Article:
Moquette is the carpet-like fabric covering the seats we sit on in London's Tubes, buses, trams and Overground trains - and here is a brilliantly colourful guide to all its patterns. London Transport has always wanted the best design, be it Charles Holden's superb art deco Tube stations on the Piccadilly Line, its elegant Johnston typeface or Harry Beck's Tube map. And this pursuit of excellence has extended even to the design of the fabrics it covers our bus and Tube seats with: moquette. In the Thirties top artists like Paul Nash and Enid Marx were commissioned to design patterns; nowadays every line like Crossrail or the Overground gets its own unique, colour-co-ordinated moquette pattern. Now, in conjunction with the London Transport Museum, which has the definitive London Transport moquette archive, Andrew Martin has written a delightful, surprising and covetable guide to all these patterns, from the first horse bus to the latest Tube train.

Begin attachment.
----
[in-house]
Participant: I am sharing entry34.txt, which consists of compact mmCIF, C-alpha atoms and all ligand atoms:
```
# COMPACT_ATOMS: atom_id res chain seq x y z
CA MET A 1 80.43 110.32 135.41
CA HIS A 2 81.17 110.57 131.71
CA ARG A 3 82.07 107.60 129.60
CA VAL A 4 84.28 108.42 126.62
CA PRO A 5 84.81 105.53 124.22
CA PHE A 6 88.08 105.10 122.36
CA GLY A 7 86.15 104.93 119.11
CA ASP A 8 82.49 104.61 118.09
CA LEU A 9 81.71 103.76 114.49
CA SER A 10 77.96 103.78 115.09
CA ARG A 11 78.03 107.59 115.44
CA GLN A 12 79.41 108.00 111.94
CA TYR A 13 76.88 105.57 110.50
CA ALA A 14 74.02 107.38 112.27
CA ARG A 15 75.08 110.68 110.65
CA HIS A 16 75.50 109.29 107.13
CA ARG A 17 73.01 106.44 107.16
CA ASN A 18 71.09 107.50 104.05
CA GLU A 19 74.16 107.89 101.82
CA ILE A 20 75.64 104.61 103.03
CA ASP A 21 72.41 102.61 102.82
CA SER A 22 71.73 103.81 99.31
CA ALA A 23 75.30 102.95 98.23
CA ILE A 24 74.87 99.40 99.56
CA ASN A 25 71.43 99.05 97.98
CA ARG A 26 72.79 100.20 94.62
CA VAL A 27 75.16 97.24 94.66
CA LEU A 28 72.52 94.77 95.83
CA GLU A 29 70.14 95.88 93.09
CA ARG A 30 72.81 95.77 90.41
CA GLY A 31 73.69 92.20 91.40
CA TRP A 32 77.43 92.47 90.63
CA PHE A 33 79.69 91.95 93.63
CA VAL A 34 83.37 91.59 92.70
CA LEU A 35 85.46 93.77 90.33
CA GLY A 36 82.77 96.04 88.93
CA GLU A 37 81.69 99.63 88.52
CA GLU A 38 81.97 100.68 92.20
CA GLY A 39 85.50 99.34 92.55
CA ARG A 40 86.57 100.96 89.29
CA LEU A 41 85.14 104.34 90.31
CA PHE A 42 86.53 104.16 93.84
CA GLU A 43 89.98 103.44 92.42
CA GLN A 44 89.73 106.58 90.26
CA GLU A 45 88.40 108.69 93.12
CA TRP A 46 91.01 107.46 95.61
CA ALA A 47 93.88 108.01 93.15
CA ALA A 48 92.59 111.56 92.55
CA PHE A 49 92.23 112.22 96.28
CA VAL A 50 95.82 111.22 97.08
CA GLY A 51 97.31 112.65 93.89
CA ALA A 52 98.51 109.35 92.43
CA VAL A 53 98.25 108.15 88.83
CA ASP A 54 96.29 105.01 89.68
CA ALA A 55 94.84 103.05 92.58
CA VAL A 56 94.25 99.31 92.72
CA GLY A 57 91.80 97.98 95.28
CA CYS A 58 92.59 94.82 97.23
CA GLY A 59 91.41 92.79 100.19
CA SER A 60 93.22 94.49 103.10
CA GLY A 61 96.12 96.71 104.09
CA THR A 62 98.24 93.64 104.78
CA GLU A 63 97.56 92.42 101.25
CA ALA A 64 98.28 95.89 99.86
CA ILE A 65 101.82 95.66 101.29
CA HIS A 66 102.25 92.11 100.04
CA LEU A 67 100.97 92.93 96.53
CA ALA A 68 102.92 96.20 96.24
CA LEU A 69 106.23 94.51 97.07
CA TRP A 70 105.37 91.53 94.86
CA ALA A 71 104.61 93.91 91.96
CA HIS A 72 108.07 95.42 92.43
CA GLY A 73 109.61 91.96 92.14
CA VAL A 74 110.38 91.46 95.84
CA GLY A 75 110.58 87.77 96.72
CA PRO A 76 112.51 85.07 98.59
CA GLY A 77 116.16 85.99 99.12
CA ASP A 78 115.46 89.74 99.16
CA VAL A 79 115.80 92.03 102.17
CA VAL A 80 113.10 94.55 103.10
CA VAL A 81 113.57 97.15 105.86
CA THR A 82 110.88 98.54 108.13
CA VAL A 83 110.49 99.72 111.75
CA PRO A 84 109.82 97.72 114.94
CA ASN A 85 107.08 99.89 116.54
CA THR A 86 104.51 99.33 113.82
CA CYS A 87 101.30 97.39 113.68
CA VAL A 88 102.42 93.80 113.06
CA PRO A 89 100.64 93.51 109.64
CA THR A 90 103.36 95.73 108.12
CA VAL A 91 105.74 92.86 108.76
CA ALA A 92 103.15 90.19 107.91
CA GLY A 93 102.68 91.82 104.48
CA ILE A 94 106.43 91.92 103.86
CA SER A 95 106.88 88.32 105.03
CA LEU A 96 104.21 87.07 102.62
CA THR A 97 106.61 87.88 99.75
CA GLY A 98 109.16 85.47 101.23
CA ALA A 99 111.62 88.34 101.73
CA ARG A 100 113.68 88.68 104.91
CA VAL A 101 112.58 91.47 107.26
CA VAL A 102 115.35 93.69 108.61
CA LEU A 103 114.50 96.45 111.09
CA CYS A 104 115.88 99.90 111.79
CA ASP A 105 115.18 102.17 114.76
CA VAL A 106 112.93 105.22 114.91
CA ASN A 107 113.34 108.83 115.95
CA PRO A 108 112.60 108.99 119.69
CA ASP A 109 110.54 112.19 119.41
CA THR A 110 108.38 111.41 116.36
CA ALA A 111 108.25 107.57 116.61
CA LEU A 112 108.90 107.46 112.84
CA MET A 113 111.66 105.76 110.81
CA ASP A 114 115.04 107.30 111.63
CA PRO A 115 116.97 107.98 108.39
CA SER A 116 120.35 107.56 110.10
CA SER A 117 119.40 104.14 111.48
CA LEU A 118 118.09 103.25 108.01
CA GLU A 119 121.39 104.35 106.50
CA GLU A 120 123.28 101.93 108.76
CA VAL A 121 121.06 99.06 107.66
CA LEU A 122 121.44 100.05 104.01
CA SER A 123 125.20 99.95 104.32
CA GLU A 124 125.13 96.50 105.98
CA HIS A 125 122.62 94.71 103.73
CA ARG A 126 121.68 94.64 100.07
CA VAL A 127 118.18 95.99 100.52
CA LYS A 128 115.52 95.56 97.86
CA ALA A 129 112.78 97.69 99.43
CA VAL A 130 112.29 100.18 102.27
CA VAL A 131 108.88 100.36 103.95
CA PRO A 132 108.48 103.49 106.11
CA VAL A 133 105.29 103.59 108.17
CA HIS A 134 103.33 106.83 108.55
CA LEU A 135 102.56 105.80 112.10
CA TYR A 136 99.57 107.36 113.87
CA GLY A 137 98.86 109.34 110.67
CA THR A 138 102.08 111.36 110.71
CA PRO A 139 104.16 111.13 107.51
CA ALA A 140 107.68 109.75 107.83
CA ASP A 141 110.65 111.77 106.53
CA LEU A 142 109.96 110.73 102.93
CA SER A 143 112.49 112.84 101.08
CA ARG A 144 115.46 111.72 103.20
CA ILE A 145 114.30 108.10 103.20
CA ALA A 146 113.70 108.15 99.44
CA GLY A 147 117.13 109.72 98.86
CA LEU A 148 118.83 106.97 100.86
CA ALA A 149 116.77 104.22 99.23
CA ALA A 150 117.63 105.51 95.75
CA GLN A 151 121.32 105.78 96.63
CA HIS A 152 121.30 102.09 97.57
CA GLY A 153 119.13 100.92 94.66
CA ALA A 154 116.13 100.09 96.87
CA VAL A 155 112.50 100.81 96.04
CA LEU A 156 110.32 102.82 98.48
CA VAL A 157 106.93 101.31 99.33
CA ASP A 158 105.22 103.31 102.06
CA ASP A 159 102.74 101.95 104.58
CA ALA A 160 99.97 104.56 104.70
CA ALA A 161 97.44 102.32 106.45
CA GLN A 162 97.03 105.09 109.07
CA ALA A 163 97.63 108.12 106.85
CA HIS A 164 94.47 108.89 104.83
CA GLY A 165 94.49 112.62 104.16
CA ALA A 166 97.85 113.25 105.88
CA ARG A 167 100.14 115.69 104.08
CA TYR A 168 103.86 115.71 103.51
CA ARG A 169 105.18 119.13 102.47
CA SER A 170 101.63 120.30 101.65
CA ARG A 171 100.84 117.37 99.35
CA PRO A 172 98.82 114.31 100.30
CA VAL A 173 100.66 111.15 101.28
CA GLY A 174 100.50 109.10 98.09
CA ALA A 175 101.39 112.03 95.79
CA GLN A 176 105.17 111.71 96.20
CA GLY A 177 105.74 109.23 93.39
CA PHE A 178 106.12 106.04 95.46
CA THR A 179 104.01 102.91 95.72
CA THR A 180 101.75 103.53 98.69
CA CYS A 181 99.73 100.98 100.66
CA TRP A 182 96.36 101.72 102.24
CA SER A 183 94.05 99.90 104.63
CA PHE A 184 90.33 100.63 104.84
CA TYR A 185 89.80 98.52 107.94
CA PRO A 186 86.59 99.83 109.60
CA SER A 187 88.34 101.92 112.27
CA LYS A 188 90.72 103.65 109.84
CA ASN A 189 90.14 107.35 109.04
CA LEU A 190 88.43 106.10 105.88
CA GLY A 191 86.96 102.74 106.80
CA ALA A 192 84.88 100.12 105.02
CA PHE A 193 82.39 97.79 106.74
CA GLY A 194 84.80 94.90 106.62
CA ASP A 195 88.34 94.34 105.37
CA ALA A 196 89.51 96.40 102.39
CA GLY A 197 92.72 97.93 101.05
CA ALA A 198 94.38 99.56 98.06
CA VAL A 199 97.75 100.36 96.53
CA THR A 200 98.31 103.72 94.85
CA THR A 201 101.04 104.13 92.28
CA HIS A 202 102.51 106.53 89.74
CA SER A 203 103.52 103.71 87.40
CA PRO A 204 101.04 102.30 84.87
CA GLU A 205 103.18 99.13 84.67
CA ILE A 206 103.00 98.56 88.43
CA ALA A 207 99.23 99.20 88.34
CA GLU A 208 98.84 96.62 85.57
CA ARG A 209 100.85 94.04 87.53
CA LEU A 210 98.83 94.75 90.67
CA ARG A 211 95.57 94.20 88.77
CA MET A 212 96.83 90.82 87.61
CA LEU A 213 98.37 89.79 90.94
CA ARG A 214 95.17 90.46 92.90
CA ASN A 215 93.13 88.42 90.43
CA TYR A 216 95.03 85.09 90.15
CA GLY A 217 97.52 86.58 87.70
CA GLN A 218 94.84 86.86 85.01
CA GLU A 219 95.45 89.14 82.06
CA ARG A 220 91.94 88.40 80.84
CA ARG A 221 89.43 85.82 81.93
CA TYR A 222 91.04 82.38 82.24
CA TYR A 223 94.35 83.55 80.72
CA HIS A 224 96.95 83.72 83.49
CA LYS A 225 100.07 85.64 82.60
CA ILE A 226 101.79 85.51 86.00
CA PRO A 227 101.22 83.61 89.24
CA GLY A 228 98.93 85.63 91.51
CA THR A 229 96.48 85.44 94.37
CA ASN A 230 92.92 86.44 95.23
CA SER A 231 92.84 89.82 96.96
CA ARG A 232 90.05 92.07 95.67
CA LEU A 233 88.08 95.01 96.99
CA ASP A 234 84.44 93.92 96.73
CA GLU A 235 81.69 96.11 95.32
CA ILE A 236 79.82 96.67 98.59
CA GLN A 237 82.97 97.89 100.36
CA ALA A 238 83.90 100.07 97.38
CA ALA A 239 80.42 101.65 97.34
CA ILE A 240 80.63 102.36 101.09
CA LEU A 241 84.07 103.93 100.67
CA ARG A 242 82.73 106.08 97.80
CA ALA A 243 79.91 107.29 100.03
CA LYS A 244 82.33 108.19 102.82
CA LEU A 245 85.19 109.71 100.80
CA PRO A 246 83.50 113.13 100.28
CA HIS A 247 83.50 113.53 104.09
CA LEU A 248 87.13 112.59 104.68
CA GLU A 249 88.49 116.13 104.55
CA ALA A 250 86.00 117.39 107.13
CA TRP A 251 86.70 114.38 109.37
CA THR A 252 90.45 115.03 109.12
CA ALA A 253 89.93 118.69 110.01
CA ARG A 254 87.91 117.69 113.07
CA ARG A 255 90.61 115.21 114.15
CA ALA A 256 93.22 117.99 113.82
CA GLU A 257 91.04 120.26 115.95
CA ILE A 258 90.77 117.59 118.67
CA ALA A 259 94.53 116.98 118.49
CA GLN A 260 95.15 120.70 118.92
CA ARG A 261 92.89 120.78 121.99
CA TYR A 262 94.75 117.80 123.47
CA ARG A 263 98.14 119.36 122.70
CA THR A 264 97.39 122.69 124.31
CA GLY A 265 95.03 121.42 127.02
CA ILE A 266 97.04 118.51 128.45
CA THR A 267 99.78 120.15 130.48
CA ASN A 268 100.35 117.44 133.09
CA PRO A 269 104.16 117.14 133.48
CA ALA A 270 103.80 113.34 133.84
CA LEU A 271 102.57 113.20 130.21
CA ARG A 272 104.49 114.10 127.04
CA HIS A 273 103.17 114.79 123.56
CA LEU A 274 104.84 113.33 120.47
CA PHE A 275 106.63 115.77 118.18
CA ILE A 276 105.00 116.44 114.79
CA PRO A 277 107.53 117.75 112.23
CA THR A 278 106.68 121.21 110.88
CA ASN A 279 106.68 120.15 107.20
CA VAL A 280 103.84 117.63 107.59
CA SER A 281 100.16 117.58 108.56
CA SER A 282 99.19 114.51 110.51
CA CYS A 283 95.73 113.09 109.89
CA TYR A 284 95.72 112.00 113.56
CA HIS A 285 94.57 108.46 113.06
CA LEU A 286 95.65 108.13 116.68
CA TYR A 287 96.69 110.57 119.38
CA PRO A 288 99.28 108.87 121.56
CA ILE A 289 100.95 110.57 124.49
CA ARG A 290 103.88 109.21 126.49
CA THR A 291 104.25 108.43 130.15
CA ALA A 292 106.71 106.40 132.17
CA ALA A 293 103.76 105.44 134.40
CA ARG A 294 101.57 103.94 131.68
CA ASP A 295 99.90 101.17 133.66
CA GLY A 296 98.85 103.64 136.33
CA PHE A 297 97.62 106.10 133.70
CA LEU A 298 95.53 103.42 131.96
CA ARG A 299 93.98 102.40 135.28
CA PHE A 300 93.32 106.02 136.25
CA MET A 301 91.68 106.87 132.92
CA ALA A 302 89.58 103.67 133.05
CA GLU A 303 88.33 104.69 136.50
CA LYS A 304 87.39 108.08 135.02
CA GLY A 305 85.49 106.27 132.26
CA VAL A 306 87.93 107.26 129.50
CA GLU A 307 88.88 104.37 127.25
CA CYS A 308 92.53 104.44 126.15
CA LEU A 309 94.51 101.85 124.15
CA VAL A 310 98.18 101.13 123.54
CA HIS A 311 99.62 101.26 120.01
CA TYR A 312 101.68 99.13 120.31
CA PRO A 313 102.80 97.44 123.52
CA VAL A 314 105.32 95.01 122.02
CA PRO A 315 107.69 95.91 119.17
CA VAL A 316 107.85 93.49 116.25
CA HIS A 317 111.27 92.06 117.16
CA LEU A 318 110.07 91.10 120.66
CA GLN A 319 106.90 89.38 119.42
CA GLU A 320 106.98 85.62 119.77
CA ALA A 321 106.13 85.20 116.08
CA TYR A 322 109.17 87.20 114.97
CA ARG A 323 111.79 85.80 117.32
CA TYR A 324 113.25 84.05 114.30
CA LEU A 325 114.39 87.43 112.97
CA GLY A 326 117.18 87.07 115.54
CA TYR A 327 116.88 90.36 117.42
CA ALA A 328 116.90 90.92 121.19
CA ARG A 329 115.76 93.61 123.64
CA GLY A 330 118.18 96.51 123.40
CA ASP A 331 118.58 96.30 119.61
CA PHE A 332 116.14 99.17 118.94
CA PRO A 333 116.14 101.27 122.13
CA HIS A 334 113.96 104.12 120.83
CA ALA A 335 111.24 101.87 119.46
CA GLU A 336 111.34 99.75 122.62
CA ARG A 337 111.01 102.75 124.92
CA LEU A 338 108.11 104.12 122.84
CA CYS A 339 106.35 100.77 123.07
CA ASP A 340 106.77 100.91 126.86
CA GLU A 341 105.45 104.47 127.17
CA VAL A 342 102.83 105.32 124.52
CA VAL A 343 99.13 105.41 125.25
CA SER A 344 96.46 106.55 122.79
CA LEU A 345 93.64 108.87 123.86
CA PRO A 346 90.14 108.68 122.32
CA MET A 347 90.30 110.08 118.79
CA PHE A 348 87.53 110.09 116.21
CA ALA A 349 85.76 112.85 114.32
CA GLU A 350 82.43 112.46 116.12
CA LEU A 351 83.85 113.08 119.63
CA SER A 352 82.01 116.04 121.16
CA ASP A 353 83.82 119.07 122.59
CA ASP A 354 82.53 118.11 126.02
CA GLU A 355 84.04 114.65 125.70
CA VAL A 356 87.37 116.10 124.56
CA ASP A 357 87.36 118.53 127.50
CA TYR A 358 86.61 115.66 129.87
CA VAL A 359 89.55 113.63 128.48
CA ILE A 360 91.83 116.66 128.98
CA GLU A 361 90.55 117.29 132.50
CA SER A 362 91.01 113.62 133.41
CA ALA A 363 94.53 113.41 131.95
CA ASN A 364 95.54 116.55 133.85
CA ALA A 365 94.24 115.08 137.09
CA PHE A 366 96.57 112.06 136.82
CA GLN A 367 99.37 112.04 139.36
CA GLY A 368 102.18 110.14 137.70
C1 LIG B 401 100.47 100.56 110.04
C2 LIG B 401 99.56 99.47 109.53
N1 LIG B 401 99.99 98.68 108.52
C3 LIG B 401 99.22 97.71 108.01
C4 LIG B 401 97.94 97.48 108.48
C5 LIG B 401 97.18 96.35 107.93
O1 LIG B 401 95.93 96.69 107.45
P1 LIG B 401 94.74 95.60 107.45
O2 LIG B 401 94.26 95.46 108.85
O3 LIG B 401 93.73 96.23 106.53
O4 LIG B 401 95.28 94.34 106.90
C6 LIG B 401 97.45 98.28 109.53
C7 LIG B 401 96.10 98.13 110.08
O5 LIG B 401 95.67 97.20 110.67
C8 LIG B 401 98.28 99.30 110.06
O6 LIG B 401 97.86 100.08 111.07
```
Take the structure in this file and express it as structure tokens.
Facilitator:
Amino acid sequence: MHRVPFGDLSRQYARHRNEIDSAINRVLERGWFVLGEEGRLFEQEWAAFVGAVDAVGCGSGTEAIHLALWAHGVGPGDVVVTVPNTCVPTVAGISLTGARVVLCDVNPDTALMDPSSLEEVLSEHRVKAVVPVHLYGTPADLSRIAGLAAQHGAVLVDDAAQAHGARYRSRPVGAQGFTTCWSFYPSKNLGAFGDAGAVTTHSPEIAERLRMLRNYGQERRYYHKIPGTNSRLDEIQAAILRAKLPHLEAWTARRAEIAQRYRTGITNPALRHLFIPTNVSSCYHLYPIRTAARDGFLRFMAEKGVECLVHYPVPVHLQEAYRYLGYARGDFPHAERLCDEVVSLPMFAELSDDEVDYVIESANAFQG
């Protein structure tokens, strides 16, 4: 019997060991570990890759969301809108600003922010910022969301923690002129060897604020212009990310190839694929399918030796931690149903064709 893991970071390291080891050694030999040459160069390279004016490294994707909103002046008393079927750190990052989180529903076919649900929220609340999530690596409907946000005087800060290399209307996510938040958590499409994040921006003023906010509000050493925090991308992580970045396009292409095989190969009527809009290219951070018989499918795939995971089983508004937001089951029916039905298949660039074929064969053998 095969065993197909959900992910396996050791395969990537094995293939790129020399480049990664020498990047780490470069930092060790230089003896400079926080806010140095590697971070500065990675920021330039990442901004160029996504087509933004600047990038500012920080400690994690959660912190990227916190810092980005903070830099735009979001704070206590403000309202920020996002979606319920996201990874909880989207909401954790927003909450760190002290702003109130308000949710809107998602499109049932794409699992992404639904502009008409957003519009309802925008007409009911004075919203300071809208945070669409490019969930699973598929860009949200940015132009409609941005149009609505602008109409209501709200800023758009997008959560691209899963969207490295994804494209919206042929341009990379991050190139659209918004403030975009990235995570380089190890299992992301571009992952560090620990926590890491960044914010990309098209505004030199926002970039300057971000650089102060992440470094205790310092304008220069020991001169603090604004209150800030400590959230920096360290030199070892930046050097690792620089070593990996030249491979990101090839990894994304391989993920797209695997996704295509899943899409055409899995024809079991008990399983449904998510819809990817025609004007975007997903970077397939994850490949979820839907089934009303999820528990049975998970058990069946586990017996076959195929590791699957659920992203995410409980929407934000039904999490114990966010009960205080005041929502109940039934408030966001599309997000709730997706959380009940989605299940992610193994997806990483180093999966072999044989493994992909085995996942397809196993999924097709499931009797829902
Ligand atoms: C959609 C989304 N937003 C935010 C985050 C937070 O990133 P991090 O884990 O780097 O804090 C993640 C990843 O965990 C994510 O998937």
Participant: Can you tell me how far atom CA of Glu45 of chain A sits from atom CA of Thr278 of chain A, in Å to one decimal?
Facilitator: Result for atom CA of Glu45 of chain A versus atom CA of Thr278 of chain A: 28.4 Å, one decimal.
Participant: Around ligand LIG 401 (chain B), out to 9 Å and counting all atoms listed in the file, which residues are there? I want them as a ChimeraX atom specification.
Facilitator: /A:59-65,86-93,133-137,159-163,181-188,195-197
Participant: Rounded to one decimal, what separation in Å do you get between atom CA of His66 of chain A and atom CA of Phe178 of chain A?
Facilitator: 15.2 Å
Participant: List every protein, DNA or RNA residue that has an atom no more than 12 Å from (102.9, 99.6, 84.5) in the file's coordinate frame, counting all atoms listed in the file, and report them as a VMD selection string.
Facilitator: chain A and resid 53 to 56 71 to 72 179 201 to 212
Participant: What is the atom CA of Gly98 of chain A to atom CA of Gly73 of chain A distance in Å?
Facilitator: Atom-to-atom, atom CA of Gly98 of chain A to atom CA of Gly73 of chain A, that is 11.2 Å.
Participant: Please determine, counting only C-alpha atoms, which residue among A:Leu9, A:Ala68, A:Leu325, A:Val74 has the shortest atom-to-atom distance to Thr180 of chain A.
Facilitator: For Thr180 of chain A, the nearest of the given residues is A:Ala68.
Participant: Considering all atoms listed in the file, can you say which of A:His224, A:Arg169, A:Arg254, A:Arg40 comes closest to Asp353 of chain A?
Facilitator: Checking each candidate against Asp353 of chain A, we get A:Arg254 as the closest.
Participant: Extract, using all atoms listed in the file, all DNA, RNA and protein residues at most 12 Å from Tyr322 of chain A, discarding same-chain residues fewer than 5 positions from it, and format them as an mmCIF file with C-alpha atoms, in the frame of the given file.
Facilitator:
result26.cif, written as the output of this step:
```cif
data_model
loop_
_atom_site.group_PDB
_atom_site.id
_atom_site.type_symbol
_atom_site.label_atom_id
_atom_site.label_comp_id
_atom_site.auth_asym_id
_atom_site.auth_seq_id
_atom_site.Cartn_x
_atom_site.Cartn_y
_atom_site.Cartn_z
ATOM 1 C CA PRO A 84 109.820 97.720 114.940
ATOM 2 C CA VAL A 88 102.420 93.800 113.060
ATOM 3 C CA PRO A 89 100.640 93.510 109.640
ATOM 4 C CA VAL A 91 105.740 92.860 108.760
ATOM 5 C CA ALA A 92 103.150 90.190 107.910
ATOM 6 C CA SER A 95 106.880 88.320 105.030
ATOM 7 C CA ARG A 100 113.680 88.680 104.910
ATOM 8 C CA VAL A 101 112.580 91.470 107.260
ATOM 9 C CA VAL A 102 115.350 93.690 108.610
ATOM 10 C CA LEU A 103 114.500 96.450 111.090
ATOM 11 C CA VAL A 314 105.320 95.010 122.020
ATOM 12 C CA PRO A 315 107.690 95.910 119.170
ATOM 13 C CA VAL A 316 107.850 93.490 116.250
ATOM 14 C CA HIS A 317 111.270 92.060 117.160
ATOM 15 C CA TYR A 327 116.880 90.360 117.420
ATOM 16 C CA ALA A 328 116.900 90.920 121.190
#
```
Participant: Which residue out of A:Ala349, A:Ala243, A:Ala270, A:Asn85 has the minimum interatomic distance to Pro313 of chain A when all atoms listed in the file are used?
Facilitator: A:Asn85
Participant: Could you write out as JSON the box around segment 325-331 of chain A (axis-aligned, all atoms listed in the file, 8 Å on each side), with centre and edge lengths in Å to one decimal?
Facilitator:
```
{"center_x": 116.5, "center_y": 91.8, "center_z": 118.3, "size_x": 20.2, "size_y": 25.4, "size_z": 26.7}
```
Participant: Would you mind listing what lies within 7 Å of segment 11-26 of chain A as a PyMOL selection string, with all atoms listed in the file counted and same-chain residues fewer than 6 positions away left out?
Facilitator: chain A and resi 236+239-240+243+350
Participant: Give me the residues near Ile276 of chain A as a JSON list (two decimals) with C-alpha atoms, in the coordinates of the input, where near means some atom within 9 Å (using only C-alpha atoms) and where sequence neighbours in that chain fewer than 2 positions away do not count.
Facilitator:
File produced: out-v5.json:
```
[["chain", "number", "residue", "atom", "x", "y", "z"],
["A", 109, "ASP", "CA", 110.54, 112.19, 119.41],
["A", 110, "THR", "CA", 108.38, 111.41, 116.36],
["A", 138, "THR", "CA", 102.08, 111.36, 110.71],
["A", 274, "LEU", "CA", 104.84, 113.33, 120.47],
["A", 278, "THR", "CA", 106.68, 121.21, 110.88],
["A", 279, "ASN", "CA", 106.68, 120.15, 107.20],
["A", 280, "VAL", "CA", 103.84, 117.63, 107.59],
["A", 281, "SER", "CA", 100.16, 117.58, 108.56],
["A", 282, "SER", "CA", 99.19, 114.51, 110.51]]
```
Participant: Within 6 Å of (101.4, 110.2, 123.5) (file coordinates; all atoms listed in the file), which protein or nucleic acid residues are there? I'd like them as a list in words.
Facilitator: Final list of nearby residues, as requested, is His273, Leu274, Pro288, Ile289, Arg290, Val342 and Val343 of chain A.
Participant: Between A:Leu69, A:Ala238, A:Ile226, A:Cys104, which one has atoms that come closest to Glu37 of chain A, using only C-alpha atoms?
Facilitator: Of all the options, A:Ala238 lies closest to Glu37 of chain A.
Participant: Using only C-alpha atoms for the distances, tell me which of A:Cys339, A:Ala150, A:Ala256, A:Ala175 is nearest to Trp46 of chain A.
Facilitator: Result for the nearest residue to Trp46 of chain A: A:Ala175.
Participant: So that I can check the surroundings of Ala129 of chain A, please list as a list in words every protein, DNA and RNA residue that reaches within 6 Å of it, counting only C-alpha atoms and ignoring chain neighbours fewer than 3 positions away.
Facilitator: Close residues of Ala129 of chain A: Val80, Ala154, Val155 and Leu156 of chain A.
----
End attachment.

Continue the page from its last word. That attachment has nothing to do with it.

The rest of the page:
Sunday Times Bestseller As quintessentially British as a plate of fish and chips or a British Bulldog, the boxy, utilitarian Land Rover Defender has become an iconic part of what it is to be British. It is said that for more than half the world's population, the first car they ever saw was a Land Rover Defender. It mirrors many of our national traits, stiff upper-lipped and slightly eccentric. The car has remained relatively unchanged for nearly seven decades and has spawned an industry that includes dozens of publications, car shows, clubs, associations and even model car collectors who dedicate their lives to the Land Rover. To understand this national love affair, Ben has travelled the length of the British Isles in a Defender, spending time with fellow Land Rover enthusiasts: from visiting Colonel Blashford-Snell, who crossed the jungles of the Darien Gap, to patrolling the streets of Belfast with the Police Service of Northern Ireland (PSNI). Ben has met folk who have converted their beloved Defenders into everything from hearses and coffee shops to works of art and fire trucks. He has travelled from the Red Wharf in Anglesey, Wales onto the Western Isles of Scotland and Islay, the island used as a testing ground by Spencer Wilks in 1947 to put several of the early Series Land Rover prototypes through their paces. After 67 years and 2 million vehicles the Land Rover Defender has ceased production, and this book is a fitting tribute to this most British institution which has stood as a beacon of durability and Britishness across the world. Every Land Rover has its own unique story to tell. This is the story of the world's favourite car.